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Gavi Support Package: Ending Measles in Developing Countries

measles in developing countries
The measles vaccine has saved approximately 17.1 million lives since 2000, however, global targets to eradicate the disease are still off track according to Gavi, the Vaccine Alliance.

Notably, the World Health Organization (WHO) recently reported that while global measles vaccination coverage increased from 72 percent to 85 percent between 2000 and 2010, it has remained unchanged for the past 4 years.

Founded by the Bill and Melinda Gates Foundation, Gavi recently approved a new support package that aims to end measles in developing countries.

The organization’s new support package will help install a strong immunization routine with high coverage. The new Gavin Vaccine will also take advantage of children’s visits to health care facilities to increase the coverage rates of the vaccine.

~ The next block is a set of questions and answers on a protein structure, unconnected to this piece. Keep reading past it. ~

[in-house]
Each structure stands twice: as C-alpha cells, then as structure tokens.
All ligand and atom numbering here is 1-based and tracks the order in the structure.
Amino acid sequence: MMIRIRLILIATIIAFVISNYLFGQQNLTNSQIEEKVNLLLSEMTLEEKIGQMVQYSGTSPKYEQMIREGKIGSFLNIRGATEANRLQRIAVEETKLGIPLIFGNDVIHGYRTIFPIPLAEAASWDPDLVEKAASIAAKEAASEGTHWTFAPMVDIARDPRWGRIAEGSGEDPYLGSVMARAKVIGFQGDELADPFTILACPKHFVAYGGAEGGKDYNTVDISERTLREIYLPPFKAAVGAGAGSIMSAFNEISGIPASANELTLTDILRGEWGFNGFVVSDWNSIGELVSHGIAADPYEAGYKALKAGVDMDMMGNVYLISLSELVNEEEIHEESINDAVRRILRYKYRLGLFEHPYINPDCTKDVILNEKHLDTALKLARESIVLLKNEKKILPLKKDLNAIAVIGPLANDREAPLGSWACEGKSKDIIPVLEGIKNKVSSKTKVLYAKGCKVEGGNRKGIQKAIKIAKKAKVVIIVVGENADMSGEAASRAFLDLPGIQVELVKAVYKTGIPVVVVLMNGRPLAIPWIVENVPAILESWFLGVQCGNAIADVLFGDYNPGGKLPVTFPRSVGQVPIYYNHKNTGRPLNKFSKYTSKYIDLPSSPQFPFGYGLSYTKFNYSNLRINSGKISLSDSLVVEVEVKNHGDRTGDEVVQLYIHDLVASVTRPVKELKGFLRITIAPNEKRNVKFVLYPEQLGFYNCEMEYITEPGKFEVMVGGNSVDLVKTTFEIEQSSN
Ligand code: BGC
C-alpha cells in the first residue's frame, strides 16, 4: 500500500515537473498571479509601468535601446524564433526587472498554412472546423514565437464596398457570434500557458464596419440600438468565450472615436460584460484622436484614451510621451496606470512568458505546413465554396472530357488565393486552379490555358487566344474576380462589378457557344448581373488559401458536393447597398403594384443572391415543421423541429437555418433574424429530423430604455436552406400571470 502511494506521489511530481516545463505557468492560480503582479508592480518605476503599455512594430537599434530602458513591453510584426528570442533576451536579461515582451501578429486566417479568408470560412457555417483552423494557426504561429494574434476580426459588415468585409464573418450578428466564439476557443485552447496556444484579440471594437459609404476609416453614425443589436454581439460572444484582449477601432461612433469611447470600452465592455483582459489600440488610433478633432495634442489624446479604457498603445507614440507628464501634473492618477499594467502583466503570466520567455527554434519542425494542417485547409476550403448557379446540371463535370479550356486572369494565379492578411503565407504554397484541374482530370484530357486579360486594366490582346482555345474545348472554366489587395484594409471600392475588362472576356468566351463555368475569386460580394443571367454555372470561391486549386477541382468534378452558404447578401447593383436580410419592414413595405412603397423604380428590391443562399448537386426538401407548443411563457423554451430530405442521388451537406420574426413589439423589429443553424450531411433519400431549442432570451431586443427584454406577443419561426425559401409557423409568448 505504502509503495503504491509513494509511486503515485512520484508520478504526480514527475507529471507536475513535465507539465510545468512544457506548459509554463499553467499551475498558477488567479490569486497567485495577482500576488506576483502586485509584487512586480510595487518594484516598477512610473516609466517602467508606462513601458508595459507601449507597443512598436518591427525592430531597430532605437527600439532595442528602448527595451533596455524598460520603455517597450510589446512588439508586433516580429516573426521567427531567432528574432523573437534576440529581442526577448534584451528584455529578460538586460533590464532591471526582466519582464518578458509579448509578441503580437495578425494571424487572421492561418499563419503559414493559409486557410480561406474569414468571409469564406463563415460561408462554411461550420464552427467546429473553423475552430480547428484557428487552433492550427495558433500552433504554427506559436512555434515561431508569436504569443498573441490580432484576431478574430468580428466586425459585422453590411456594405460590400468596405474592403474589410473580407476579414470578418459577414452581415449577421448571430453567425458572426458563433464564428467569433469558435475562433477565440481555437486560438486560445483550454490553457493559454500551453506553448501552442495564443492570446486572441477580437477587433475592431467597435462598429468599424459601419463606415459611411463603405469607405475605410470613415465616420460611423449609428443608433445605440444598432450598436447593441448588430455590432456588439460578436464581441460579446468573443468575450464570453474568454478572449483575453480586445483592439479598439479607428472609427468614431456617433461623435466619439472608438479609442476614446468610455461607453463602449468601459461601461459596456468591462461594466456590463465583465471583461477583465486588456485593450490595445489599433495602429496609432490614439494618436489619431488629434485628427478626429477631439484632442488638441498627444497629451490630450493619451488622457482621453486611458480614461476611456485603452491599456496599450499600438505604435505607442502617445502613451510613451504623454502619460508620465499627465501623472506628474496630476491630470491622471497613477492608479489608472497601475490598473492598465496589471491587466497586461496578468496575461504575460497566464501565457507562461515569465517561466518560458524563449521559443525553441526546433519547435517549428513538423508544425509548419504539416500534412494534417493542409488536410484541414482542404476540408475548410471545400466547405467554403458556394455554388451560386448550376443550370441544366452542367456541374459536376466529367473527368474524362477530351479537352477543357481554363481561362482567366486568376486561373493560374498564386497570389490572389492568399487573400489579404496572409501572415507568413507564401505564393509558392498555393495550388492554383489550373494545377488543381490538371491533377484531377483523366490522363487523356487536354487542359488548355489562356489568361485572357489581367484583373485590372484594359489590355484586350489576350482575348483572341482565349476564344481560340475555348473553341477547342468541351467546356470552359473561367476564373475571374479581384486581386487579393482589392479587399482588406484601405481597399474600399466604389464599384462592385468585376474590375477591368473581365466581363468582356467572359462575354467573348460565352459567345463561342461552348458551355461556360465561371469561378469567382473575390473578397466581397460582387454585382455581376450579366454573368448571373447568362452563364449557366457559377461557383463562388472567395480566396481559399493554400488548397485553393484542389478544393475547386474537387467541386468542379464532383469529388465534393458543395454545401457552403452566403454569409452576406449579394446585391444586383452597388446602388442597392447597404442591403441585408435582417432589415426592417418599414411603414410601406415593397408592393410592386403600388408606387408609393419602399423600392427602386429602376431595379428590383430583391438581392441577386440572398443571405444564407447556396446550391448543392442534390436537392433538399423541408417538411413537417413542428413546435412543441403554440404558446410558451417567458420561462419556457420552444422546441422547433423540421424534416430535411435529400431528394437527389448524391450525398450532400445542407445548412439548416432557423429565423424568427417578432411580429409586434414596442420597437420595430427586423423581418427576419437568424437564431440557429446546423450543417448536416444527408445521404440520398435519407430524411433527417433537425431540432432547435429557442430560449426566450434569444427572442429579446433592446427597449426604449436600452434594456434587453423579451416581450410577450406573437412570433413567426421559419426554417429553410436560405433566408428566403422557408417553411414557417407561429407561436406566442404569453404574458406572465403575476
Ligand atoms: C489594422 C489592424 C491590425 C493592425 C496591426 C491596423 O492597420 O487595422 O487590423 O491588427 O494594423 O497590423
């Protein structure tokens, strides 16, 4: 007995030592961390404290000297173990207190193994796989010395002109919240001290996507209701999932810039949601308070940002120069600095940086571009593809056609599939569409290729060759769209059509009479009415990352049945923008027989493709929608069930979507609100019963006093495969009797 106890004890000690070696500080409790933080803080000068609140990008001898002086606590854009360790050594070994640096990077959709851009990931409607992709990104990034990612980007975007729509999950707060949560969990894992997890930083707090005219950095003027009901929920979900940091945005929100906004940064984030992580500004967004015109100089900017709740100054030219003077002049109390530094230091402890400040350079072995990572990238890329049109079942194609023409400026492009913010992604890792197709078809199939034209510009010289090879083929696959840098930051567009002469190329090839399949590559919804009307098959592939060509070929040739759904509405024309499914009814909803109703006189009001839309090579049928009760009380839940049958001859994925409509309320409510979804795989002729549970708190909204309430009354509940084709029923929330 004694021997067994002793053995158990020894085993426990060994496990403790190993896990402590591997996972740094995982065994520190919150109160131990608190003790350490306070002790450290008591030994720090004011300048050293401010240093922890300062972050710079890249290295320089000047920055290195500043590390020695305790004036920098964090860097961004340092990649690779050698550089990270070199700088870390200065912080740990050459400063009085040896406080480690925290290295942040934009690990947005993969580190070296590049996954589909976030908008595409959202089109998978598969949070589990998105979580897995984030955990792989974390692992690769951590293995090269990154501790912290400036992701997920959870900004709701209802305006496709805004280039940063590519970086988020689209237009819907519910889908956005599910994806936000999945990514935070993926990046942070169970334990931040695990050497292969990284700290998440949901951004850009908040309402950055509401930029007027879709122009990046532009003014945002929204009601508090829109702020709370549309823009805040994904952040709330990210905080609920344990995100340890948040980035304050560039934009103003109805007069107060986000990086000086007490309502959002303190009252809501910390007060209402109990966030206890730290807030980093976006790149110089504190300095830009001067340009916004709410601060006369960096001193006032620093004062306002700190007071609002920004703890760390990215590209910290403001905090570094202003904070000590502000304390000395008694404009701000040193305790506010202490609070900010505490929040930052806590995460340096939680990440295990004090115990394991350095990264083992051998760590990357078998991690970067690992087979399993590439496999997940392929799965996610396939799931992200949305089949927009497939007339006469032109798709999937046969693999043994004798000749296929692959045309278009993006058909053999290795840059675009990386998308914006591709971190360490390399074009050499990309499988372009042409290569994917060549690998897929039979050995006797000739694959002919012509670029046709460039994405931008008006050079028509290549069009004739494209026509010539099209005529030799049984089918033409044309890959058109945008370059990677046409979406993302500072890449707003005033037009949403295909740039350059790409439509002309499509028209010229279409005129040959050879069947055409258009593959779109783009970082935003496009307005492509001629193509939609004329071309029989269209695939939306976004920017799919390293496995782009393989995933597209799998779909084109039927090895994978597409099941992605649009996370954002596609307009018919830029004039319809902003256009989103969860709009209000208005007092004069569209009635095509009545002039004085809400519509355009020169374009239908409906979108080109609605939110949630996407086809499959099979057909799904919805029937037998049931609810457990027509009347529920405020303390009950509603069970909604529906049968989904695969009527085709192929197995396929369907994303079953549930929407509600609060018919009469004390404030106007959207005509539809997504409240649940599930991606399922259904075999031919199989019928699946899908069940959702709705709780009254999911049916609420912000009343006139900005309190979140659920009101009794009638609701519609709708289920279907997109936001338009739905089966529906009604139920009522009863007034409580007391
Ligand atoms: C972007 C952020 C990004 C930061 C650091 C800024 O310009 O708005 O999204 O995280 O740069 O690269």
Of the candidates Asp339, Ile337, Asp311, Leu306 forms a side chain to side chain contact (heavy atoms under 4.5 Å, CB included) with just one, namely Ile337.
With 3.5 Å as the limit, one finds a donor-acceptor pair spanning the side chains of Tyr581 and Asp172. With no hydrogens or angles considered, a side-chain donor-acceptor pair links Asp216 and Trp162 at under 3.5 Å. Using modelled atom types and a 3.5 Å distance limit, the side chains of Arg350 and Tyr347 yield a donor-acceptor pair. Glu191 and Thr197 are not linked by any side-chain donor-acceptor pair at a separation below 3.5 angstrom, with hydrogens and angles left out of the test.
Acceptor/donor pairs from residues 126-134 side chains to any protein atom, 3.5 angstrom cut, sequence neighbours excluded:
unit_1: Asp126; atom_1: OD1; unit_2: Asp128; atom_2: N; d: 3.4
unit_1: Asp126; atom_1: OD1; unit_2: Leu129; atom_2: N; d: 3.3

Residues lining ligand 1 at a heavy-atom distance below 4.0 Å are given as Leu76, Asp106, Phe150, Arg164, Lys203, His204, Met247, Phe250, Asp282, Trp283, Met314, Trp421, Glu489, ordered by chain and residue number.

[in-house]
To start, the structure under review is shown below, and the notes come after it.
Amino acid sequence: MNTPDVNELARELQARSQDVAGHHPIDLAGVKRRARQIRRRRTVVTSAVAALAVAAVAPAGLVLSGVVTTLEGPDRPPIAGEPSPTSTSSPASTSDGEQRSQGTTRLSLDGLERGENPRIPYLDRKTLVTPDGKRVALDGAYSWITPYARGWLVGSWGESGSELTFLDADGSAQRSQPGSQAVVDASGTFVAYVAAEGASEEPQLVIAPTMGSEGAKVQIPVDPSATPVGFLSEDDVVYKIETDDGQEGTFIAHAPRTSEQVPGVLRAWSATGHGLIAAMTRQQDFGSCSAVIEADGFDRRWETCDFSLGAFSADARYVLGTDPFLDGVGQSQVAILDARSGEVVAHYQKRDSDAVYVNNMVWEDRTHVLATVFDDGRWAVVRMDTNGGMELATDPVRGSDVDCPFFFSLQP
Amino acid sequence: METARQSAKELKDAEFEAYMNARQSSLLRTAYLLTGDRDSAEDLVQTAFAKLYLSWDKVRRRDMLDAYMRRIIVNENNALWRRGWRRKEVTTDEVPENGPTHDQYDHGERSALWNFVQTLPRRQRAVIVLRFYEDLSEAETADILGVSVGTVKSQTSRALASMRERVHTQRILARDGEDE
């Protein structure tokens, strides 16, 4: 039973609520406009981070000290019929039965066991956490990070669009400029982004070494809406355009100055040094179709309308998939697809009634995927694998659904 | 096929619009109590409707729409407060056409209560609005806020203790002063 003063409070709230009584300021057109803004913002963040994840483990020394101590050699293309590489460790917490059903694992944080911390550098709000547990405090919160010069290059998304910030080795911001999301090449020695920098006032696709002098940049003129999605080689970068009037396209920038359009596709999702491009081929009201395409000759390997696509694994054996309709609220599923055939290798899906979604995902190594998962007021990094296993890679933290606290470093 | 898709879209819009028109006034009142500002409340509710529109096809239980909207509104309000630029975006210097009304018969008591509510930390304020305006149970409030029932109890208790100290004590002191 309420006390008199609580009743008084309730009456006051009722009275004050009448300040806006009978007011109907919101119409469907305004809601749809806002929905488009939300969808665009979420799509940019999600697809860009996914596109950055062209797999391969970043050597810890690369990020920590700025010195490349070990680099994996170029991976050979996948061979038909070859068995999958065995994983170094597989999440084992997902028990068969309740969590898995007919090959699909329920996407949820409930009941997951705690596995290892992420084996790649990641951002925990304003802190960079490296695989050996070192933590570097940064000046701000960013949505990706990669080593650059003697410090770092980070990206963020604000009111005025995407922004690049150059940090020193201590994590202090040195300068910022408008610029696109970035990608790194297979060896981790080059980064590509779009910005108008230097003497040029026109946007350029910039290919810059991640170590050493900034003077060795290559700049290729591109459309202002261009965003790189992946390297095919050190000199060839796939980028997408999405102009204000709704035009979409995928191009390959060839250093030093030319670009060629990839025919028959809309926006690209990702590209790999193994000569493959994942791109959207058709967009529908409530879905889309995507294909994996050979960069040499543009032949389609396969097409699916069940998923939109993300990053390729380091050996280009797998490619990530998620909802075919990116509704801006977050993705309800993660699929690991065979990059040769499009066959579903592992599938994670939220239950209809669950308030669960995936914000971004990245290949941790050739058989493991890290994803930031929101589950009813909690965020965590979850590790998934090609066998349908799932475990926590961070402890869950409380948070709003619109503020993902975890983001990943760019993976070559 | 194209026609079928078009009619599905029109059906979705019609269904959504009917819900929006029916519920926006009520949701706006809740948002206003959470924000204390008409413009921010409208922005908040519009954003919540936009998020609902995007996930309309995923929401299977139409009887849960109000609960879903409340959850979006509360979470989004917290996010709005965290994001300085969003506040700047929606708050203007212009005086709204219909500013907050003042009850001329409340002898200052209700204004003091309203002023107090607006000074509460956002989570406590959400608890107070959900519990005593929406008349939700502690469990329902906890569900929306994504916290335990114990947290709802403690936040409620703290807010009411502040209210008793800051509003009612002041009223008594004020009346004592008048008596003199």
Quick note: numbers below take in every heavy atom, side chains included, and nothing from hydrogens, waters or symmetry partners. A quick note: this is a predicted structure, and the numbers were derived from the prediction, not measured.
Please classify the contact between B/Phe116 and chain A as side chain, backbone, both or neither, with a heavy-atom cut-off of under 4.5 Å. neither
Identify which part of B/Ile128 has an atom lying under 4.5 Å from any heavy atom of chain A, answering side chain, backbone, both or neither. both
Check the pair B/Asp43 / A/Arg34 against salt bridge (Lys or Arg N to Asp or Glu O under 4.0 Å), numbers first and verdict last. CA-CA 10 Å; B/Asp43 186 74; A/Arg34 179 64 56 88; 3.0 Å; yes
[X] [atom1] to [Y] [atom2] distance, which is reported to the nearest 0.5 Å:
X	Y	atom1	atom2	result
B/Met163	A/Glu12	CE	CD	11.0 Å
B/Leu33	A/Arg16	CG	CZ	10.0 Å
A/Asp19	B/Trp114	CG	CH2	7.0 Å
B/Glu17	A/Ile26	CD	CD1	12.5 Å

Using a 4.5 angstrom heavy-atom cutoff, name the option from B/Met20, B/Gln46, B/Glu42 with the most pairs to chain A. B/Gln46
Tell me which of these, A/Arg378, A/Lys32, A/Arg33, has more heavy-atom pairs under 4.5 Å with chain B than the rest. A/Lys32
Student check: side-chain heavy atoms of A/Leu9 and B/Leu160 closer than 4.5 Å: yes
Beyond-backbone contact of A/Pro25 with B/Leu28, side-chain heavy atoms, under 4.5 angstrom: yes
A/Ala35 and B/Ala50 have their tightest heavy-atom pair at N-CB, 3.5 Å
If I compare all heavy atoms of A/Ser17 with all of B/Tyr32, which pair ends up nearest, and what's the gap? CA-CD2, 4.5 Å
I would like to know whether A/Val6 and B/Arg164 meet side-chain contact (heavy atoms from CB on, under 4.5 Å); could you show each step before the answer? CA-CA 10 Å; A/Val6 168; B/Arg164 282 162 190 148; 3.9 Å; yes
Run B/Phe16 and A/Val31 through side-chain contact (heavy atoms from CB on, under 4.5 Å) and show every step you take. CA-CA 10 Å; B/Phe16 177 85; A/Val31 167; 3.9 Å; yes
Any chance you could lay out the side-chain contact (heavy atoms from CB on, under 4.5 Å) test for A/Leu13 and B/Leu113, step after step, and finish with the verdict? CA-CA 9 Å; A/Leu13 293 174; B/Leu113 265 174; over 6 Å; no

Gavi will also support data-driven campaigns on measles and rubella to reach children not protected by immunization. These campaigns will be synchronized with other immunization activities to better reach children in isolated communities.

In developing countries measles vaccination involves a series of strategies and large-scale campaigns which rely on the support of the Measles & Rubella Initiative (M&RI).

In 2014, campaigns and immunization activities reached 221 million children. In the African Region, cases of measles dropped from over 171,000 in 2013 to under 74,000 in 2014.

This new support package also requires developing countries to have a five-year rolling measles and rubella plan, together with their long-term routine immunization plans, all of which will be updated annually.

“Countries cannot begin to hope to eliminate measles until they get epidemics under control,” said Dagfinn Høybråten, Chair of the Gavi Board, “The package of support we have agreed on today will save lives and give developing countries a golden opportunity to reform how they protect their children against measles.”

Marie Helene Ngom

Sources: Gavi, WHO
Photo: Flickr